We looked up and another person was walking into our room with another nurse.  You'll have to move she said to Elder Fagersten and President Diaz who picked up themselves, their keys, wallets, books and papers that they had on the bed and vacated it for this lady.  I didn't see anyone wipe down the bed, or put any protective covering on it.  She proceeded to lie on the bed.  Hmmmm.  I wonder who was on my bed before I laid on it.  Just say'in.

My medications were finished, the needle removed, and we thanked the staff.  Then came those terrifying words. . .come back tomorrow.  No way, I thought.  "We need to make sure your platelets go up."  I was pretty certain that I would be O.K.

Elder Fagersten and President Diaz went to fill my antibiotic prescription and then pay my clinic bill for blood tests, and whatever medicine they injected in me.  I had been under their care for about an hour.  I wondered how we would handle insurance for this and tomorrow's clinical tests.  Elder Fagersten paid the bill, we hopped in the truck.   Not wanting to hear the answer, I still asked the question. O.K., how much did it cost for an emergency room visit, doctors check up, two drugs injected, blood analysis and a prescription filled? Well, Elder Fagersten paused,  he said, "menos que 1000 pesos, or $20".  What?!  I would have paid an extra dollar if they would have given me a Disney Princess band aid!  I guess we don't have to worry about submitting an insurance claim. What I want to know is who pays the doctors and nurses?  That $20 could have only covered the cost of the supplies and tests.

The clinic

Back to the clinic the next day.  It was 9 a.m. we tried to open the door, but it was locked.  So we knocked and an employee opened the door for us.  We went in and a nurse brought us back to the last room (the one that was being repaired because all of the beds were filled in the adjoining rooms).  We walked past all of the people and smiled at them, wanting to give them a little encouragement.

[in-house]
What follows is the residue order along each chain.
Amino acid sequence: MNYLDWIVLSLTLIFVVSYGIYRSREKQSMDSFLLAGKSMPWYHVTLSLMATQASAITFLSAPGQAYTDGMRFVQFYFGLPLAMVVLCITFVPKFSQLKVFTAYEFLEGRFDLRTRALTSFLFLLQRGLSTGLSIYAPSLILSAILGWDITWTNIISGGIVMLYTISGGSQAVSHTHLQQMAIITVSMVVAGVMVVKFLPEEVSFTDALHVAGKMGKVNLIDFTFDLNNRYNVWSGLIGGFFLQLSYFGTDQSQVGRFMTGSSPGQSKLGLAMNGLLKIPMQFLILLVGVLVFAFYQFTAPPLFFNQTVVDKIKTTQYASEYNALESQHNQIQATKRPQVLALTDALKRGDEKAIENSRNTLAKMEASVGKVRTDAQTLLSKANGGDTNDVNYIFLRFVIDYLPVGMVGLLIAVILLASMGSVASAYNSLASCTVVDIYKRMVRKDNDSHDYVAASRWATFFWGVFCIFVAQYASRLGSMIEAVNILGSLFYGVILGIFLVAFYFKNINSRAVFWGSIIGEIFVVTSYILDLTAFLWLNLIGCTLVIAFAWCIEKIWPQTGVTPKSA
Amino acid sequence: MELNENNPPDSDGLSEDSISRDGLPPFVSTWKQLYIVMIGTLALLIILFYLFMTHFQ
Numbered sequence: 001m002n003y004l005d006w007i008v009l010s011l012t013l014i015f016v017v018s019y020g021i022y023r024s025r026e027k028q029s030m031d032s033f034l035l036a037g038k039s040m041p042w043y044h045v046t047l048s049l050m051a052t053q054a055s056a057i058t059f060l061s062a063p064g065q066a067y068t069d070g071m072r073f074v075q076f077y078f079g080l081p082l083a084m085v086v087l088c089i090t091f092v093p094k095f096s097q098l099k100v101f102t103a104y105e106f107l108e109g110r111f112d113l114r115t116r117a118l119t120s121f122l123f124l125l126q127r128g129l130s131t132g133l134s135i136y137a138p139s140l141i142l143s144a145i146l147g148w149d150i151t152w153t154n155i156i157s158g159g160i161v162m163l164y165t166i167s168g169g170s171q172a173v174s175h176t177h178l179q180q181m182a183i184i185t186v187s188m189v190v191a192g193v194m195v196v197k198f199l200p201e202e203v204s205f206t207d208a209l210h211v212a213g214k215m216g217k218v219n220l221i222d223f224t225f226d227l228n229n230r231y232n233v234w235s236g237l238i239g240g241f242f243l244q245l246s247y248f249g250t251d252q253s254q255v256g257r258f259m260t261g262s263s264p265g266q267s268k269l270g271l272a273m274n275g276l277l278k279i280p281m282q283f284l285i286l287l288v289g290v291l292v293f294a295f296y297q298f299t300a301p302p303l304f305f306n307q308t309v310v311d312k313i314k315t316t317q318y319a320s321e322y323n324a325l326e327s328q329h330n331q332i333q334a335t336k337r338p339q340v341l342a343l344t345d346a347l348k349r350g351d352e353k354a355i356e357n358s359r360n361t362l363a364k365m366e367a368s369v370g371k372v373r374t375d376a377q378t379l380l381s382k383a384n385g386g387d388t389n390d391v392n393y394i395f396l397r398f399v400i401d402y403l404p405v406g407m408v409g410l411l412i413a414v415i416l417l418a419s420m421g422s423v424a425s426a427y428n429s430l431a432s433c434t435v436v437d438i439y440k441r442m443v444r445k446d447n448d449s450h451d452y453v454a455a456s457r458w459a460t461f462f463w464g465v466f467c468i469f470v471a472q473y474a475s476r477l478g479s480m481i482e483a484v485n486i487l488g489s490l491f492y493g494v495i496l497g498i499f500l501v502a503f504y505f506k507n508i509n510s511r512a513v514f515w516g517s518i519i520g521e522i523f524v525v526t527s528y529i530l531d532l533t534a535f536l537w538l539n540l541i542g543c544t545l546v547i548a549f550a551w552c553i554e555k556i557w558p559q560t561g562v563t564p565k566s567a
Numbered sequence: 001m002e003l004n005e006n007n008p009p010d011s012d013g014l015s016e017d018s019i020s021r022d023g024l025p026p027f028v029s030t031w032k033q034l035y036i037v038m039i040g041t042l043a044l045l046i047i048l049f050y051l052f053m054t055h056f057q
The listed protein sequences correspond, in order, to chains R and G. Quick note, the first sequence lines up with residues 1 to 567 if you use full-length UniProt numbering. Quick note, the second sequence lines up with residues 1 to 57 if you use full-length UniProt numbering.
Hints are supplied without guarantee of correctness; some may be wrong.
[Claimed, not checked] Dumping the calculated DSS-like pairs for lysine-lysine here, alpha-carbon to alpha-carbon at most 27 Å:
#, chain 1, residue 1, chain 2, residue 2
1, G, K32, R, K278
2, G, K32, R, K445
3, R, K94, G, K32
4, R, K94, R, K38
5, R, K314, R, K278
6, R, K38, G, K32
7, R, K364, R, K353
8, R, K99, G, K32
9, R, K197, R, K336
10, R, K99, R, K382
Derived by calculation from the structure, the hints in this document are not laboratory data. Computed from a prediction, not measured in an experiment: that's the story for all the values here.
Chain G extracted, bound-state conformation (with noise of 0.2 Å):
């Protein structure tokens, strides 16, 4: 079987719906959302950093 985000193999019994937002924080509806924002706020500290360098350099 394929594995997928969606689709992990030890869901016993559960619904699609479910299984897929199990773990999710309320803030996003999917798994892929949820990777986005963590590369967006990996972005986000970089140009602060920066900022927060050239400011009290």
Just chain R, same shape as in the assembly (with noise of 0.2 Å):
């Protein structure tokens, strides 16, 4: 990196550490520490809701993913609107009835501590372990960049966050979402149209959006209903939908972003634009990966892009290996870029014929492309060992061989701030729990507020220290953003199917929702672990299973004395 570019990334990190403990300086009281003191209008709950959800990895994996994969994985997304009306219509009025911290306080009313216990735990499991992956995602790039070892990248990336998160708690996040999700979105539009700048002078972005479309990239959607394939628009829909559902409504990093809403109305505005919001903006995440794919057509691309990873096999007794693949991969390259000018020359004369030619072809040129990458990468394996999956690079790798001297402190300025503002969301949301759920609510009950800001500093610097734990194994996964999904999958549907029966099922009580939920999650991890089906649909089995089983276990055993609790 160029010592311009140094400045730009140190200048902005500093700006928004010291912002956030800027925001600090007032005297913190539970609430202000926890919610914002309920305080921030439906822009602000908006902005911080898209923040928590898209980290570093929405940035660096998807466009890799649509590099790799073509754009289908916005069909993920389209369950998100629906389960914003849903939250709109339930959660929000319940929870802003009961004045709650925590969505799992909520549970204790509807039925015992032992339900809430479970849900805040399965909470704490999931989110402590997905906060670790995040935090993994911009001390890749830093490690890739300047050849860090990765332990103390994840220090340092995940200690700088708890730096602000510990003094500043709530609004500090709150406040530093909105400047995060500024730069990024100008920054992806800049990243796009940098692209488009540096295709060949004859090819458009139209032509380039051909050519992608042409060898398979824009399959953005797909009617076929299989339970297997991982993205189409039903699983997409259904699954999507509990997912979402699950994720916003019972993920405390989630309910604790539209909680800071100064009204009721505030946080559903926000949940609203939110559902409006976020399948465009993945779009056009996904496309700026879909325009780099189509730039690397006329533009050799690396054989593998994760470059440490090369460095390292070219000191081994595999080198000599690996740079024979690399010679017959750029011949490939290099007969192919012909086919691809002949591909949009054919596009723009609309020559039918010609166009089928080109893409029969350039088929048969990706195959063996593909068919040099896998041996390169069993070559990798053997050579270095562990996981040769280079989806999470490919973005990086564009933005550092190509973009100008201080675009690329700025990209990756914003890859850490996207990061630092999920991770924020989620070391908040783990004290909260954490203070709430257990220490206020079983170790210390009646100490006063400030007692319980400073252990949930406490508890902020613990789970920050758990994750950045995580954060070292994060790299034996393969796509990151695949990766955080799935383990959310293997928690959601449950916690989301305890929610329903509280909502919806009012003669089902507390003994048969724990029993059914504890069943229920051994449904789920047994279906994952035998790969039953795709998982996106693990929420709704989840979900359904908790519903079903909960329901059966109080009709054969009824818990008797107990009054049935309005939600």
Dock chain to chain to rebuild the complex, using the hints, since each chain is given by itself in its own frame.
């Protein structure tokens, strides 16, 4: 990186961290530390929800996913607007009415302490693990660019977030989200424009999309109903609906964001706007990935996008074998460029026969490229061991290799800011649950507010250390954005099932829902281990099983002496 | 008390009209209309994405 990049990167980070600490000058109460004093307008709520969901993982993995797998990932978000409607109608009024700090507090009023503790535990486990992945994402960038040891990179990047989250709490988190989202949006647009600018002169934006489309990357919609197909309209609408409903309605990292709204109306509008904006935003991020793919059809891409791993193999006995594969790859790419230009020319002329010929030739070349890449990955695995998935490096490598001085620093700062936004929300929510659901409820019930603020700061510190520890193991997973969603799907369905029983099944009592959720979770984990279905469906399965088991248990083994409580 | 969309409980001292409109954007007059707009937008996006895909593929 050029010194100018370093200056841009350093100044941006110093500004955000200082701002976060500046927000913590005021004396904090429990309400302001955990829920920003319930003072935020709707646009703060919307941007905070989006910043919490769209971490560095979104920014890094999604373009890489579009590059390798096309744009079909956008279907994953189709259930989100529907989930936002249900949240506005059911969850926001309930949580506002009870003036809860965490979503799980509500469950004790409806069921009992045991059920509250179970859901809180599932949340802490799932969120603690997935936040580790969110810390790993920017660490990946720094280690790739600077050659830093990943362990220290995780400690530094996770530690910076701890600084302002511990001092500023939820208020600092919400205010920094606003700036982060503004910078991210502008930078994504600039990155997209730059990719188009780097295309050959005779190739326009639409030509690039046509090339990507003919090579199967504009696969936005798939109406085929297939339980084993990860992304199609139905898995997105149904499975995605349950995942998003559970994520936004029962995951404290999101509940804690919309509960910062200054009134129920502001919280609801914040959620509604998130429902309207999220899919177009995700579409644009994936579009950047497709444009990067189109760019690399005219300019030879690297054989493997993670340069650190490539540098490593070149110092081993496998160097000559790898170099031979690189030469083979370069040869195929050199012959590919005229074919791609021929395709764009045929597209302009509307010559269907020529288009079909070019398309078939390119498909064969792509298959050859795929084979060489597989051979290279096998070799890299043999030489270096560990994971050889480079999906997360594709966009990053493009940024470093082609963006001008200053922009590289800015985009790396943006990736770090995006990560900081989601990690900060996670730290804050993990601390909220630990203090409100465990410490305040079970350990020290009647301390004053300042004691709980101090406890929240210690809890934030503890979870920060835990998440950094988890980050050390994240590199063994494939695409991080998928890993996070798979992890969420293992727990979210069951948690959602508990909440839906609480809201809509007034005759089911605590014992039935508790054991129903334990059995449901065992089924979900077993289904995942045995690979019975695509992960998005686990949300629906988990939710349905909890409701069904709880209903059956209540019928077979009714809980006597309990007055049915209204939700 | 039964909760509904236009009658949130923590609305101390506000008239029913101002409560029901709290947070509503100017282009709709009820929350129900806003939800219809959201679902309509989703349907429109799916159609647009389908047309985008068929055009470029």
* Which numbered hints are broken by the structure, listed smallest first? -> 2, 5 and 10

"Sit down," the nurse ordered.  I looked at the bed, at the room and thought, really, you want me to sit here? The ceiling had about four open tiles where the men  had been working to repair the air conditioning.  There were tools in the corner, dirt all around, the bed had a huge rip in the plastic cover.  Let's see, should I sit on the big hole, or next to it?  I chose to sit next to it.  The procedure repeated itself.  The nurse took off her gloves.  This time I was sitting up.  I held my arm out in front of me as she tied the rubber band tourniquet around my arm.  She grabbed several mini cotton balls from her pile of open cotton balls with her bare hands.  She drenched them with the rubbing alcohol and wiped the arm.  With my arm suspended in the air, she inserted that needle without  any problem and the blood was drawn in a matter of seconds.  As we walked out of the room, the nurse turned to Elder Fagersten and told him he owed her 300 pesos ($6.75) for the blood analysis. Yesterday it was only 200 pesos ( $4.50) for the analysis.  It must be more expensive on Sunday. He paid her in the hall. No receipts, no questions, no forms to fill out.  About 20 minutes later the nurse handed us the results in an envelope.  The doctor looked them over and compared them with yesterday's results and talked to us in the waiting room and told us that things were looking better.  He asked again if I had any symptoms that needed treatment as he would write a prescription for any medication that I might need.  We told the doctor we're fine, thanks.  "Did you pay the nurse?" he asked.  Yes, we did.  "Then you can go." Gracias!  This was an experience I will never forget. . .well I don't think I will :-)